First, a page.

In pursuit of 276 against West Indies, their third-highest run-chase in history, India went to stumps breathing easy yesterday at Delhi
Just as the third day of the first Test between India and West Indies here at Feroz Shah Kotla threatened to outdo the chaos of the Day 2 that saw 17 wickets tumble, Rahul Dravid and Sachin Tendulkar, the two highest run-getters in Tests, brought calm to the proceedings. The hosts drew stumps yesterday at 152-2 in pursuit 276, which if managed today would be their third-highest successful chase in history.
India in control: Rahul Dravid and Sachin Tendulkar walk back to the
pavillion at close of play yesterday. Pics/AFP
Dravid and Tendulkar were unbeaten on 30 and 33 respectively. The first two sessions was a see-saw wrangle for ascendancy as R Ashwin, who took six wickets, which gave him a match haul of 9-128, the second-best for an Indian debutant, trapped Shivnarine Chanderpaul leg-before to leave West Indies in tatters at 124-8.
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However, skipper Darren Sammy's quickfire 42 pushed the visitors to 180. West Indies had the upper hand.
India openers Virender Sehwag and Gautam Gambhir came out firing on all cylinders. A potentially game-changing moment occurred in the fourth over when Sehwag mistimed a straight-drive only for Ravi Rampaul to drop a rather simple return catch. Sehwag then went after spin twins Marlon Samuels and Devendra Bishoo.
India powered to the 50-run mark when Sehwag went against the turn to hit a massive six over the extra-cover region. After Gambhir was trapped leg-before by Samuels, Sehwag and Dravid added 44 until the former chopped on a Sammy delivery.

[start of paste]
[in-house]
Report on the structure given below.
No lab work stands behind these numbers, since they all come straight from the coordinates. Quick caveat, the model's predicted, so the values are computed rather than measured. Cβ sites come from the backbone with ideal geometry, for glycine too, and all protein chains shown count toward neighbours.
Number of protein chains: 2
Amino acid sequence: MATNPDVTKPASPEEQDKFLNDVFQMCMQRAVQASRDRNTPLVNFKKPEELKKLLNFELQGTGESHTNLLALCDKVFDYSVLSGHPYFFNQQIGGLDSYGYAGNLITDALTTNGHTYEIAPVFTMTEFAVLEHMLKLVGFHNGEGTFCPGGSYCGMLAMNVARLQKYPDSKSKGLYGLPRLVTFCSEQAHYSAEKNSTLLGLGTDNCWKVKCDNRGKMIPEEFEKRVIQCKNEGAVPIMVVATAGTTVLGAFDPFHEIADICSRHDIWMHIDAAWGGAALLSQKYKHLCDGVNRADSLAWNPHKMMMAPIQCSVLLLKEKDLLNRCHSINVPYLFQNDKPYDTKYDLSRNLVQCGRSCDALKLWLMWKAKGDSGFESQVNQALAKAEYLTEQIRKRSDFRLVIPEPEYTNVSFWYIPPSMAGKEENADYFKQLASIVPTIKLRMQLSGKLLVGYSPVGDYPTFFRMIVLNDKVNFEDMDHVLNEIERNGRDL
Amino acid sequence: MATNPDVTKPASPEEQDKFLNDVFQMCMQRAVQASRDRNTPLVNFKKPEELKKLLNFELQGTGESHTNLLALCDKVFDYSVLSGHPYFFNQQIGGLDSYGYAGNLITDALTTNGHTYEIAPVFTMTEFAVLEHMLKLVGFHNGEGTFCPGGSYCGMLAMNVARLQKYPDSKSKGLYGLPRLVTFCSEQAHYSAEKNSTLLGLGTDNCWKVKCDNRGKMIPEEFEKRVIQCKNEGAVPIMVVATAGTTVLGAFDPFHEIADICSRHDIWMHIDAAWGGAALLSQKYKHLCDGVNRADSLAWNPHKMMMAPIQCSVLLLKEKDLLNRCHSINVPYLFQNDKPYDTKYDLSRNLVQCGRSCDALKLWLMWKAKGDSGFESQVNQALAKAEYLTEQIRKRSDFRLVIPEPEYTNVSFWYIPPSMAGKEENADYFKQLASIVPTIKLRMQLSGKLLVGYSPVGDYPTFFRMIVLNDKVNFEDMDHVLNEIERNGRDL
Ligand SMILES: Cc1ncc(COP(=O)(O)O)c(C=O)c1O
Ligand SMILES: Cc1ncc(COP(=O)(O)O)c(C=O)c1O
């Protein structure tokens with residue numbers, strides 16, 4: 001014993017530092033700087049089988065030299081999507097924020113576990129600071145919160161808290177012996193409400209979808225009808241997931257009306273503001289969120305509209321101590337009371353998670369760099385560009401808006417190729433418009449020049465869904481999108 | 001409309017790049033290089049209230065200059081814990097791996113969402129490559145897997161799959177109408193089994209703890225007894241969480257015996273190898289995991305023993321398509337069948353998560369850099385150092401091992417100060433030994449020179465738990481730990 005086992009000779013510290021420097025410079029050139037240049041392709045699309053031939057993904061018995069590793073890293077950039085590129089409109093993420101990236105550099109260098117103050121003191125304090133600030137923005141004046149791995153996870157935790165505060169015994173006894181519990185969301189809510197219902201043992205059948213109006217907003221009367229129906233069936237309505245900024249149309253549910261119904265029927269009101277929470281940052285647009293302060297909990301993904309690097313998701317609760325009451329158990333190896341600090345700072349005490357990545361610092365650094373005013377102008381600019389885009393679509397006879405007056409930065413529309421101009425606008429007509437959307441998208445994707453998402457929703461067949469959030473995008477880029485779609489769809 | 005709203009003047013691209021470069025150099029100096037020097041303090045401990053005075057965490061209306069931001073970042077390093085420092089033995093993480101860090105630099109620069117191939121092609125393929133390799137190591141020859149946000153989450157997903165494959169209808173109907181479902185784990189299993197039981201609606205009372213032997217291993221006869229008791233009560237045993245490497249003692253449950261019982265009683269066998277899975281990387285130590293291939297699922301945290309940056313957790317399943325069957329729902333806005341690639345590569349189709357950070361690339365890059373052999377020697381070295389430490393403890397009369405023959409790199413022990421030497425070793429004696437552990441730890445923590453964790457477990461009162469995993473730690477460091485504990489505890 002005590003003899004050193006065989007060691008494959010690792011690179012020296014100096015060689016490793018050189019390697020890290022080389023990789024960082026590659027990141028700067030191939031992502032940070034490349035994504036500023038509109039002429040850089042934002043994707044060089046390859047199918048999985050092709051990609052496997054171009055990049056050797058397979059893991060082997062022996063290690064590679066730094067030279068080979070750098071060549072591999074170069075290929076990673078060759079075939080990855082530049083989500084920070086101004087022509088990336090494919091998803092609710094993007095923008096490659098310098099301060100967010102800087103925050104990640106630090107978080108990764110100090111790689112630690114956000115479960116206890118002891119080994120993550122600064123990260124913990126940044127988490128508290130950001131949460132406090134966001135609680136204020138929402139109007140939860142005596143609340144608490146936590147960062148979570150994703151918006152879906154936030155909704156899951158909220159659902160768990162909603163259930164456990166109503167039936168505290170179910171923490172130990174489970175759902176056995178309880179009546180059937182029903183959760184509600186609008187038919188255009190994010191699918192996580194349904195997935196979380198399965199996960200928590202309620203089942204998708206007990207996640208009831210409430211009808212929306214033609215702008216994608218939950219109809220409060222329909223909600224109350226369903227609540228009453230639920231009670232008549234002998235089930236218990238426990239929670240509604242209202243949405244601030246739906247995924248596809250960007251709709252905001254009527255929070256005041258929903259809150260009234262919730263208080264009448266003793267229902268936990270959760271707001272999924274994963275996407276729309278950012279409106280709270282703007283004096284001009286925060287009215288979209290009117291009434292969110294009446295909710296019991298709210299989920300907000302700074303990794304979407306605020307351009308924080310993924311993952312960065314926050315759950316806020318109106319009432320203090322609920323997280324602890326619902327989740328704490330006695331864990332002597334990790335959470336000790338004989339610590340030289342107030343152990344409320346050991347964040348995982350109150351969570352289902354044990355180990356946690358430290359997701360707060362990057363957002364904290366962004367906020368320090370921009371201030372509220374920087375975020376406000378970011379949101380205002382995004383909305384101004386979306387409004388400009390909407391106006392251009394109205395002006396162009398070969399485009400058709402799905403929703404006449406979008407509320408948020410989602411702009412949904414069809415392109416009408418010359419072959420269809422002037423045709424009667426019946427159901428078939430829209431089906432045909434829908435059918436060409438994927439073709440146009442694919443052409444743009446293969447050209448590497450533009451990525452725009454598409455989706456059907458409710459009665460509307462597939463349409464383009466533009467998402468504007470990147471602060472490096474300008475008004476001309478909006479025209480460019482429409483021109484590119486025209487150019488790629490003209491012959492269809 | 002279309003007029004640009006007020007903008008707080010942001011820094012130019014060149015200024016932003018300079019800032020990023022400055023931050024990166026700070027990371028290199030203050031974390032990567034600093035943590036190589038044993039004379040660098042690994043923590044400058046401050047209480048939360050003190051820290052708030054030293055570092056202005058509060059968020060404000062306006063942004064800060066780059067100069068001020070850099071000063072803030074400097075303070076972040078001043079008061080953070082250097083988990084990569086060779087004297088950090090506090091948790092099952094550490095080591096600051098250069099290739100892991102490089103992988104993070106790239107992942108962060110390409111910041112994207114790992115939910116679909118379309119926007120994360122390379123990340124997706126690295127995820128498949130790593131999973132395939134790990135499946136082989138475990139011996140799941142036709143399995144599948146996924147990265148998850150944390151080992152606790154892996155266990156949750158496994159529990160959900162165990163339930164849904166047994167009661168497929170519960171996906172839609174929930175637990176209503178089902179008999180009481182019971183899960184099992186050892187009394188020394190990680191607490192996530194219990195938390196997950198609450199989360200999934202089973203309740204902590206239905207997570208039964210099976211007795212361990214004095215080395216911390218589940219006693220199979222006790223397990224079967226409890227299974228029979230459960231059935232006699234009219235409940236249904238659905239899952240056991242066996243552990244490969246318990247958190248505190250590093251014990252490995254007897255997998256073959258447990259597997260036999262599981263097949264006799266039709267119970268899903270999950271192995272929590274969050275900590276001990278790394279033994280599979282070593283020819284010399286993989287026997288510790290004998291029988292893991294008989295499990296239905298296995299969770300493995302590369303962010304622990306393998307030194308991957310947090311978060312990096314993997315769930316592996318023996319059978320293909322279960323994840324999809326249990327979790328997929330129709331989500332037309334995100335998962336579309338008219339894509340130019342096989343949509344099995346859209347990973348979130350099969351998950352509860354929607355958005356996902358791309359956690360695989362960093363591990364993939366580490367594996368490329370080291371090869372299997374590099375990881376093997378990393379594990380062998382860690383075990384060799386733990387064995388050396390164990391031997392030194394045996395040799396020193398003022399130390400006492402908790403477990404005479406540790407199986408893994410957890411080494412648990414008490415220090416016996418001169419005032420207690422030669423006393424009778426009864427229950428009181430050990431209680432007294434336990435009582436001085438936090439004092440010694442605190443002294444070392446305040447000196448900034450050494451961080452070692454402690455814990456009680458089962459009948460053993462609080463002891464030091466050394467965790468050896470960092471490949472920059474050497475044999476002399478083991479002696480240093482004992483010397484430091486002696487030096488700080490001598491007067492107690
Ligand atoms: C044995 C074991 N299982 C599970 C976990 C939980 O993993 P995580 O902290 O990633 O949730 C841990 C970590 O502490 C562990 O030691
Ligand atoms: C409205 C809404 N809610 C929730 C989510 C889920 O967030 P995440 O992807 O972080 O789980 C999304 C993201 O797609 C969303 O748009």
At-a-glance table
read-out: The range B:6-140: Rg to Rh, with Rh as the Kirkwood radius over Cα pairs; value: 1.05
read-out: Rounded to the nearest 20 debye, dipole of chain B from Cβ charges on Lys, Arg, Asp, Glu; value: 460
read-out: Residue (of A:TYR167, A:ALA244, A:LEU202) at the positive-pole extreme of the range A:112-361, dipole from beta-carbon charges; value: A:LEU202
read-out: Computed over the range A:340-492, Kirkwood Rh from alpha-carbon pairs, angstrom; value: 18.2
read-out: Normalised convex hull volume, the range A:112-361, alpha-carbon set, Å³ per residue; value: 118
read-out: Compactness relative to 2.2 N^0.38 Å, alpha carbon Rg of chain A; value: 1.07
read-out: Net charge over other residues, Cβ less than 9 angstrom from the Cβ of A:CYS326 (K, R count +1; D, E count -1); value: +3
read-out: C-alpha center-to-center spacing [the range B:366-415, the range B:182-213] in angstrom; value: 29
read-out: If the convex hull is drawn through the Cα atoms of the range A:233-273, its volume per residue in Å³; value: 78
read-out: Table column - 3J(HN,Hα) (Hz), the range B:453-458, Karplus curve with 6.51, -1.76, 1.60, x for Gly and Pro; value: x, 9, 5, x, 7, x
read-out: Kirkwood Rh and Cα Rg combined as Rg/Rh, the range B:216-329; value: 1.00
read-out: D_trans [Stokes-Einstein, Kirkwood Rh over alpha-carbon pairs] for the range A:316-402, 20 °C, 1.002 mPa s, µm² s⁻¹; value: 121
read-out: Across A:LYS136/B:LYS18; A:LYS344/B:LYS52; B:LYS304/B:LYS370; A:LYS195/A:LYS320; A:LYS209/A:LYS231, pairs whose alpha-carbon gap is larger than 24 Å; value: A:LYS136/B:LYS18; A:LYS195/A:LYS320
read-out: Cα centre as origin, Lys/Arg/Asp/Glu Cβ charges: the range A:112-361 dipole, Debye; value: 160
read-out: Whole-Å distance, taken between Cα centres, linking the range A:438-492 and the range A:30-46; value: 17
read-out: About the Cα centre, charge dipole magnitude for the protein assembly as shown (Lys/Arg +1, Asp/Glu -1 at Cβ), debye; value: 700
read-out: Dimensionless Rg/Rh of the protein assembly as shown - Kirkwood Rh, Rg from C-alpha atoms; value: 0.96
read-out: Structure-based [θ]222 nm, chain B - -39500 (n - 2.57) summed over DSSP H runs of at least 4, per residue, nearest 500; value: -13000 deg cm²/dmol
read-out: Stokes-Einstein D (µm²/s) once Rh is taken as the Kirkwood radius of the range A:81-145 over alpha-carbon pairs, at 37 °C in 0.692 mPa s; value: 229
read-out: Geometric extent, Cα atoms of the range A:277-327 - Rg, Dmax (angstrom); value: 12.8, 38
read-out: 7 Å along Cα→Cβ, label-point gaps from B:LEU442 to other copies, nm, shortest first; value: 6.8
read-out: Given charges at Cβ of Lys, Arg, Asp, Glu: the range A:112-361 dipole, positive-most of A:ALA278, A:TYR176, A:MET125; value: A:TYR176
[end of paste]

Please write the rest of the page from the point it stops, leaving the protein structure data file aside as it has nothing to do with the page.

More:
India were 95-2 as Tendulkar walked out with a million dollar question posed by a commentator: "Are there enough runs to chase for Tendulkar to get his 100th hundred?"
With the departure of Sehwag, there was a finally a maiden over in the Indian innings. Dravid and Tendulkar refused to play across the line. Suddenly, the West Indies bowlers were shown some respect that was so hard to find with Sehwag at the crease.
Tendulkar was even happy to leave a wide full toss from Bishoo to a three-six off-side field in place. With neither batsmen willing to take risks, some drama ensued in the dying stages of the day. Soon after Tendulkar was congratulated for reaching 15,000 Test runs, he nudged one in front of square leg and took for a single.
However, a laidback Dravid did not ground his bat at the precise moment when there was a direct hit at the striker's end. Television replays indicated that Dravid's feet were in the air when the bails came off. Luckily for India and for Dravid, the benefit of the doubt went in their favour.